You’ve probably noticed that when you call flow and put the dot afterward, Framer displays a list of common methods and properties that you can use. It’s worth going through the list and checking out suggestions for methods and properties. And, if you want to learn more, a small icon leads to the documentation.

Documentation shortcut
A list of common methods and properties that you can use and the documentation shortcut icon. (Large preview)

In object-oriented programming, this concept is very important. Take a car object as an example; the properties would be things like color, make, horsepower and so on. The methods would be ready-made functions that you can run when appropriate (for example, startTheEngine()). You can recognize the method by the parentheses, and sometimes you might want to pass some parameters to this particular function (for example, startTheEngine(gear1)). We’ve already used the showNext() method in this context; now we’re using the header and footer properties and setting them on the appropriate layers.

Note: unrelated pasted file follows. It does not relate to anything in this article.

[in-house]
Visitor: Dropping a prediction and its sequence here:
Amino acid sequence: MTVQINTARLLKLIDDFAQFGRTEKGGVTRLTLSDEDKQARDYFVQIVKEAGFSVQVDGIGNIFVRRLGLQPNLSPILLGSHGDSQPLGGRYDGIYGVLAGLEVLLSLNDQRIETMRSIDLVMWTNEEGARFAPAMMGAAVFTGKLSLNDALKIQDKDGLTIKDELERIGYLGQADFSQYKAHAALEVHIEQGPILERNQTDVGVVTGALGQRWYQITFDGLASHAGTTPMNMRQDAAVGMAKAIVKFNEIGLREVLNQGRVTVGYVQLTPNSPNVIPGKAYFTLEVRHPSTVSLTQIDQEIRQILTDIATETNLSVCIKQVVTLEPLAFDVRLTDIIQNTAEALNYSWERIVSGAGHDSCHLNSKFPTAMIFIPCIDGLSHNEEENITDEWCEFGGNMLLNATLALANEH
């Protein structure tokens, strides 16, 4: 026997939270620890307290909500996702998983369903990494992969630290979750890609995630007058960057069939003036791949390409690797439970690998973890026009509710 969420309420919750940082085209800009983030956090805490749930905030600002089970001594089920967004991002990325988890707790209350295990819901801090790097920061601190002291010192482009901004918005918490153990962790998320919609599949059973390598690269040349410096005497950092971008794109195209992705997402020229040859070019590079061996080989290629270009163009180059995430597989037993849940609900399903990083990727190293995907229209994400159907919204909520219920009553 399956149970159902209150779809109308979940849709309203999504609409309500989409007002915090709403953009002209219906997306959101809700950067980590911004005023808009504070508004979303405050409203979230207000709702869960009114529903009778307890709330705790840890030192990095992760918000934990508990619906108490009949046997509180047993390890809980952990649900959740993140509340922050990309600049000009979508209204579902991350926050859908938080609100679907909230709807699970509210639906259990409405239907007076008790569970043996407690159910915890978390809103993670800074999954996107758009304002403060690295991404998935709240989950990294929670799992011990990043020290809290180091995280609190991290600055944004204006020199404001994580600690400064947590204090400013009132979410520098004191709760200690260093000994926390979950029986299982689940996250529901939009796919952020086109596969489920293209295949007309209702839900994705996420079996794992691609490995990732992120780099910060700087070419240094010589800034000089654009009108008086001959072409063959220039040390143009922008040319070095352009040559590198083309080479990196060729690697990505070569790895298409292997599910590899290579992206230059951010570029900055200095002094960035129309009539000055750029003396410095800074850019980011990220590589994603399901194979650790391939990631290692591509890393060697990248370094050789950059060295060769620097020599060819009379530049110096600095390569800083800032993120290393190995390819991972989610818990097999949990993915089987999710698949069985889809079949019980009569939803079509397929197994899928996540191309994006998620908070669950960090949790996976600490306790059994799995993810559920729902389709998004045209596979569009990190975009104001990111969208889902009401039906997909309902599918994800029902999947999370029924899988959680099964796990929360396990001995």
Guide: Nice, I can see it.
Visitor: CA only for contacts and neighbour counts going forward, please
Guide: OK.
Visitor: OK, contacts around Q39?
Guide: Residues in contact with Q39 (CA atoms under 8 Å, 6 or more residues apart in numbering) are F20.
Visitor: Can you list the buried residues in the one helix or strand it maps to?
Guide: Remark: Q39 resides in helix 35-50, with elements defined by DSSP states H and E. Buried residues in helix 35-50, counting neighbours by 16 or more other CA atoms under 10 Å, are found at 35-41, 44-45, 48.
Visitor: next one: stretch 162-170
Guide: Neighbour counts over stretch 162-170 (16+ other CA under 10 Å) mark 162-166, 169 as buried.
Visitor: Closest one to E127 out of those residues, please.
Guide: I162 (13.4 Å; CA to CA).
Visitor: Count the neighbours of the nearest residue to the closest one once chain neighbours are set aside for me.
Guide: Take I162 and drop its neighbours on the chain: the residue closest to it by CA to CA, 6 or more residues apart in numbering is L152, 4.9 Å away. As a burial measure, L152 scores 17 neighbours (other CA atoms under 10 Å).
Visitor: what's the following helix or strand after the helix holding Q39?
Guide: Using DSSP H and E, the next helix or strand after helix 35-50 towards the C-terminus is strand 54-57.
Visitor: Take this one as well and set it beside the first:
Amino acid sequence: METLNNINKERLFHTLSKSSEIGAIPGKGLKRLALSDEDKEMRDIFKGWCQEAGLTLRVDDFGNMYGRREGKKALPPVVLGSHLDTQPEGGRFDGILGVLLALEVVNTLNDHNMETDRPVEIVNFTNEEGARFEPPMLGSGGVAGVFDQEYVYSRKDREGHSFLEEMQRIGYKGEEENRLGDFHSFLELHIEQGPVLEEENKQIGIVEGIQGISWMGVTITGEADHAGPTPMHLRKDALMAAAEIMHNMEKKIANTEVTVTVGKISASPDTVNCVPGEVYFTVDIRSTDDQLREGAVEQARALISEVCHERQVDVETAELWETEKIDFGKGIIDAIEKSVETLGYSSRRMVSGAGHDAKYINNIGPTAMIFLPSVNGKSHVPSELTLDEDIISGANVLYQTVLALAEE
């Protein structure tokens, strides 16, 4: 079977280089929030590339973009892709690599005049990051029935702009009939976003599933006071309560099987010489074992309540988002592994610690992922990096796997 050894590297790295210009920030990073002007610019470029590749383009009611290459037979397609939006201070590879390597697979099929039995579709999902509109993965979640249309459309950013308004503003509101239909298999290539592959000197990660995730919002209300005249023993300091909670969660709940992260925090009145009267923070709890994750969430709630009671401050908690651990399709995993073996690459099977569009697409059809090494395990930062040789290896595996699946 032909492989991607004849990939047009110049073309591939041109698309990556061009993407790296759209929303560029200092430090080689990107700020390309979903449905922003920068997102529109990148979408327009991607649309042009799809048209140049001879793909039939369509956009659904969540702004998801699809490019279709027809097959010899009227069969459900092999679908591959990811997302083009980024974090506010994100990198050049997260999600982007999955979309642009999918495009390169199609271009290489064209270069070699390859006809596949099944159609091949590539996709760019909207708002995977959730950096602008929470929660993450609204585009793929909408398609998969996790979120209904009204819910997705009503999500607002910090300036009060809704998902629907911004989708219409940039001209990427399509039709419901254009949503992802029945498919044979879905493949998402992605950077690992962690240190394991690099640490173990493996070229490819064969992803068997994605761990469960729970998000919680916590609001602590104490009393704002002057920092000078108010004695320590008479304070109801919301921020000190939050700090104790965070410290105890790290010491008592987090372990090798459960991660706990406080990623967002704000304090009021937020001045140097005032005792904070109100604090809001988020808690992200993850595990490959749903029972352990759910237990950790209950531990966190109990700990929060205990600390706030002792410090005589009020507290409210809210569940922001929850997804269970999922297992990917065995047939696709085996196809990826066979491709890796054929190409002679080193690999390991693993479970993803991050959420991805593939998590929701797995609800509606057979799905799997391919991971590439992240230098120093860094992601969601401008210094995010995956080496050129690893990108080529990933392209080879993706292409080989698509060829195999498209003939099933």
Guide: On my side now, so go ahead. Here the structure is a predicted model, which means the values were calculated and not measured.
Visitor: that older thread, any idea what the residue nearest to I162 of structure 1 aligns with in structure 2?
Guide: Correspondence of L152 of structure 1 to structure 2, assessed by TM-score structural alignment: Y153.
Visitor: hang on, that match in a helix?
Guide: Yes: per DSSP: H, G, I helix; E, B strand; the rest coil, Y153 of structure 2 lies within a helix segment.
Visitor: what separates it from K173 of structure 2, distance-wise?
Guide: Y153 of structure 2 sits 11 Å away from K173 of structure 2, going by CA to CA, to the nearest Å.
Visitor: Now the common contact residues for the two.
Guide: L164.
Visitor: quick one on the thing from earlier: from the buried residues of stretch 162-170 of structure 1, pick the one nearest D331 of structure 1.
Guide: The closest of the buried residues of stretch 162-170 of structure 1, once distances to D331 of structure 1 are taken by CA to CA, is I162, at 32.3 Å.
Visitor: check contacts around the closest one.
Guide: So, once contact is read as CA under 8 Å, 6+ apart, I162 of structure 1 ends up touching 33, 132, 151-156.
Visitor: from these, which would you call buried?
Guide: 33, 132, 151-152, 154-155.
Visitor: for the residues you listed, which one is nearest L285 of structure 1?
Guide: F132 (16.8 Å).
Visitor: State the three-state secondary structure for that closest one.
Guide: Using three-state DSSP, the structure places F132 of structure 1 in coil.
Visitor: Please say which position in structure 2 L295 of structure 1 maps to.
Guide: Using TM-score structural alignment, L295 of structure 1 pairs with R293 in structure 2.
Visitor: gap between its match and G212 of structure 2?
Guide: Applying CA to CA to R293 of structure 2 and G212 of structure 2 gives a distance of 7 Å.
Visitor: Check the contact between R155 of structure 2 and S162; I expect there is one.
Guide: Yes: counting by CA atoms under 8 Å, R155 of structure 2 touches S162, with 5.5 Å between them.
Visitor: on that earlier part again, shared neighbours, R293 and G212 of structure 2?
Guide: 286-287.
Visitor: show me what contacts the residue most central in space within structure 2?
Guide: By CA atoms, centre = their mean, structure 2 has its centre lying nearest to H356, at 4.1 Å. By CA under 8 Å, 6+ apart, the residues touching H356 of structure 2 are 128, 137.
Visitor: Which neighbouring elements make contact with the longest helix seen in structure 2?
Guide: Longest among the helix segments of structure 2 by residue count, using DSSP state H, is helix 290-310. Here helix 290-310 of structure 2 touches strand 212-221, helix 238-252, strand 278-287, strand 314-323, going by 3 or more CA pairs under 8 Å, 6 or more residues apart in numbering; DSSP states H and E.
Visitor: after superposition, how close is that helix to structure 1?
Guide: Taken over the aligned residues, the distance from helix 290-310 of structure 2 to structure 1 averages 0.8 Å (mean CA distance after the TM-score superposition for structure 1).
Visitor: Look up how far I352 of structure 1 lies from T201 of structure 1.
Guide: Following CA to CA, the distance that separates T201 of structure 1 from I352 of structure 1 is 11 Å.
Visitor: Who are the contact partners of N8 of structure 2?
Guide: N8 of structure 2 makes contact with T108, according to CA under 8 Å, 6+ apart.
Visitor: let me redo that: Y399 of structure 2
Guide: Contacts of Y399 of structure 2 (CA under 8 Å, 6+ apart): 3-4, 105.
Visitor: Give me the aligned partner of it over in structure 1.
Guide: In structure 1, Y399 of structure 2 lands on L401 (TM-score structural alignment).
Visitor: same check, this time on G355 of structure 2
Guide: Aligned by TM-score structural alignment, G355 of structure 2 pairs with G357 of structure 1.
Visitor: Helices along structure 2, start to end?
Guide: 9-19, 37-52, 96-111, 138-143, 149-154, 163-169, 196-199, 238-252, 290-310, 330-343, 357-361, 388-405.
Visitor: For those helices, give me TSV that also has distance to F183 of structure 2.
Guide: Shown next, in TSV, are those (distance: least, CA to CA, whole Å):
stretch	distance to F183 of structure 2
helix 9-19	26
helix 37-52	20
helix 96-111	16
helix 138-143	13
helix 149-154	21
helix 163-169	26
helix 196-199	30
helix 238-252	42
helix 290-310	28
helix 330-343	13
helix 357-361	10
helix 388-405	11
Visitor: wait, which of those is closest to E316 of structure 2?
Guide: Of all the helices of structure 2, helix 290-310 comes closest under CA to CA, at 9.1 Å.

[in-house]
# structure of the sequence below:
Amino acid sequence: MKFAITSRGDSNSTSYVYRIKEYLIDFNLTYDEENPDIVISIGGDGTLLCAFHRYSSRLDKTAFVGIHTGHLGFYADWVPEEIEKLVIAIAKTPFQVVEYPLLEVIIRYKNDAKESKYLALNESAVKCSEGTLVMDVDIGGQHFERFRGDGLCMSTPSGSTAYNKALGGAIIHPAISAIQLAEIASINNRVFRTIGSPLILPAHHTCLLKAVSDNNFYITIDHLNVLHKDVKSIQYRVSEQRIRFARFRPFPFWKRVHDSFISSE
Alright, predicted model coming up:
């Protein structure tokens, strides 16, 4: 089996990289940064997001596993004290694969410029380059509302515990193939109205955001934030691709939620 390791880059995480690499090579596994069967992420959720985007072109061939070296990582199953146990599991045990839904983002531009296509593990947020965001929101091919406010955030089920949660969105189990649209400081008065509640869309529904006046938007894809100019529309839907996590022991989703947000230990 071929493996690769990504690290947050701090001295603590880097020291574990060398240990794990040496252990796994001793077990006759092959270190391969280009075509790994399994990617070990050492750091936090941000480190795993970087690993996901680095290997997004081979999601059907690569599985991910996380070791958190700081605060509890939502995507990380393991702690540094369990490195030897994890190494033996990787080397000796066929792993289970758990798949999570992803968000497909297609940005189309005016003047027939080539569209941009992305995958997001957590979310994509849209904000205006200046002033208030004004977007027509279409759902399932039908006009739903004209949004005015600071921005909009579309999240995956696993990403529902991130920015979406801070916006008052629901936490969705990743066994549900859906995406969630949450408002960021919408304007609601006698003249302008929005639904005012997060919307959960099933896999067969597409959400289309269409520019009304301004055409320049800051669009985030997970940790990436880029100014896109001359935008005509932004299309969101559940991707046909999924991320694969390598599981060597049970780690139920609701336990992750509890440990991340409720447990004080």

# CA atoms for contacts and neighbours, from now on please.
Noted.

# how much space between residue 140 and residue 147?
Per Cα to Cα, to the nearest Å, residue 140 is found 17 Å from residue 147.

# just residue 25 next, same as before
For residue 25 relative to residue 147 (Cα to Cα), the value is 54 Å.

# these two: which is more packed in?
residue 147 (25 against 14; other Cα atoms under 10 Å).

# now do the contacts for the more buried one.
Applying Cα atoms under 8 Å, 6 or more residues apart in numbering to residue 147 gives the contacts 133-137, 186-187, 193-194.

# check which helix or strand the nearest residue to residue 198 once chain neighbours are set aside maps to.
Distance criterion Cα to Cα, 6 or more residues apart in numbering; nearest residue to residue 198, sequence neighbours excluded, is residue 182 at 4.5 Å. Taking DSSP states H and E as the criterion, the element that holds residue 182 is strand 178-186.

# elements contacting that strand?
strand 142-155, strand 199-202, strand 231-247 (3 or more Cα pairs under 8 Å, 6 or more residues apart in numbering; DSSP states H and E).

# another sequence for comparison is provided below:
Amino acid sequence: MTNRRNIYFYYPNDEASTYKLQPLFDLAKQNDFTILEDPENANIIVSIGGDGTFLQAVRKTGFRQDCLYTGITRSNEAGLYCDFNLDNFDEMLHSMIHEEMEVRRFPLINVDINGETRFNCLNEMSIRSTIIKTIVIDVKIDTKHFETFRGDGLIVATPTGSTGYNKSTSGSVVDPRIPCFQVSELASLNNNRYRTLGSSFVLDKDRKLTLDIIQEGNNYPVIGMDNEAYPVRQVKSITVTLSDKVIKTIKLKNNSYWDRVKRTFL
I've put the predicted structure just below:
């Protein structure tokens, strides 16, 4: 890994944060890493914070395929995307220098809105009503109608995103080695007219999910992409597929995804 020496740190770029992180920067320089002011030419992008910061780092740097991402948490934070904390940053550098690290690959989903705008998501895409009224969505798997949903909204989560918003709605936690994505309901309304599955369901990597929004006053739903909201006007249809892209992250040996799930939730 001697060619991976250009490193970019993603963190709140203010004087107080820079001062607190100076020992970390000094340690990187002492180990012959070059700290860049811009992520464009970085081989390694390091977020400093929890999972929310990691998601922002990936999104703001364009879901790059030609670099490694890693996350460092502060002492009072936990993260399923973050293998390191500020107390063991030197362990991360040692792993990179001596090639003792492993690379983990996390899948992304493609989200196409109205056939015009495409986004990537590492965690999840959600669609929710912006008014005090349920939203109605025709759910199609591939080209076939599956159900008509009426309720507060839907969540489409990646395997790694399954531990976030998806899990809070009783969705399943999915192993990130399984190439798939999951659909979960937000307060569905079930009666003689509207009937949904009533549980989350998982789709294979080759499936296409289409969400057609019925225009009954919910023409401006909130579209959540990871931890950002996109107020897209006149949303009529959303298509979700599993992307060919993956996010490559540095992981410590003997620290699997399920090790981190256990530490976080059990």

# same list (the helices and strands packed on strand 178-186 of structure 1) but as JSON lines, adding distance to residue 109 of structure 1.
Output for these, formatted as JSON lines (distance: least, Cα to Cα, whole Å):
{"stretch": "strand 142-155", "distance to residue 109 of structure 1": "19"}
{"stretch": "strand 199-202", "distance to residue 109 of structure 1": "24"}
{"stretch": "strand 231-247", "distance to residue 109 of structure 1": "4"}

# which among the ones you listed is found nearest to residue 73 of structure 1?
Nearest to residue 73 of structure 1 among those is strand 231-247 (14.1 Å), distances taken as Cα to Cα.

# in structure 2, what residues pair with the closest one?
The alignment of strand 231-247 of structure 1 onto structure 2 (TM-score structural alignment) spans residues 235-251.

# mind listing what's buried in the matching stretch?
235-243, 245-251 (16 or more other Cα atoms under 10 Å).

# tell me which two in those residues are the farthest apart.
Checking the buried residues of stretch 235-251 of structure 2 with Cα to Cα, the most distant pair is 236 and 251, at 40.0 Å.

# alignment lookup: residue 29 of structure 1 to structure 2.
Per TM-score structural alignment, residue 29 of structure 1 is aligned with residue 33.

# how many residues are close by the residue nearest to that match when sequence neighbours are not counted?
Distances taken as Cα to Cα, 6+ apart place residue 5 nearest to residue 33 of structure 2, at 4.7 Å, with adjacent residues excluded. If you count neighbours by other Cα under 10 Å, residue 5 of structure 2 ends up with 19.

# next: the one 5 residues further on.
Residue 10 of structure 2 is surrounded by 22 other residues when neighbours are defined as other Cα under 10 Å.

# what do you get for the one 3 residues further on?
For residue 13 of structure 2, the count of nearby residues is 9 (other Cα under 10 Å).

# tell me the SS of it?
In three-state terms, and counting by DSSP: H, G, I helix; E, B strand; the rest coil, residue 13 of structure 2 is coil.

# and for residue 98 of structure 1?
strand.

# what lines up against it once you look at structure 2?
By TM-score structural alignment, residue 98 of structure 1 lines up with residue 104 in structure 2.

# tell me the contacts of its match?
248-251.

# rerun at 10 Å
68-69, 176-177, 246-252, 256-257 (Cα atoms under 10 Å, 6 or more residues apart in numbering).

Another technique you will use often in Framer is hiding and revealing layers. For example, as a design decision, we want to hide the header and footer on the first screen. You can do this with the following lines of code:

flow.header.visible = false
flow.footer.visible = false

Here, we are using the visible property in the header and footer of the flow component. CoffeeScript is meant to be as intuitive and close to plain English as possible; so, instead of false, you could even say no to hide it and yes to reveal it (instead of true).

Tip: Try selecting any lines of code and press Command + / to comment them out so that they’re not executed.

It’s time to use the power of the flow component to travel to the next screen of our app. First, make sure that the next frame is available in the code view as well as the button_get_started frame that we will use to get to this next screen. The following code does just this:

button_get_started.onTap ->
    flow.header.visible = true
    flow.footer.visible = true

What we’re doing here is another convention: We can respond to user input and interact with so-called events. There are different events to choose from, such as tapping, clicking, force tapping, hovering and much more. You can catch such events and execute some code as the user is performing the action. We’re using the onTap event, and in response to that (->), we’re executing the code that is indented below. In the flow component, we show the list frame, as well as reveal the header and footer.

Second page transition
Second screen transition. (Large preview)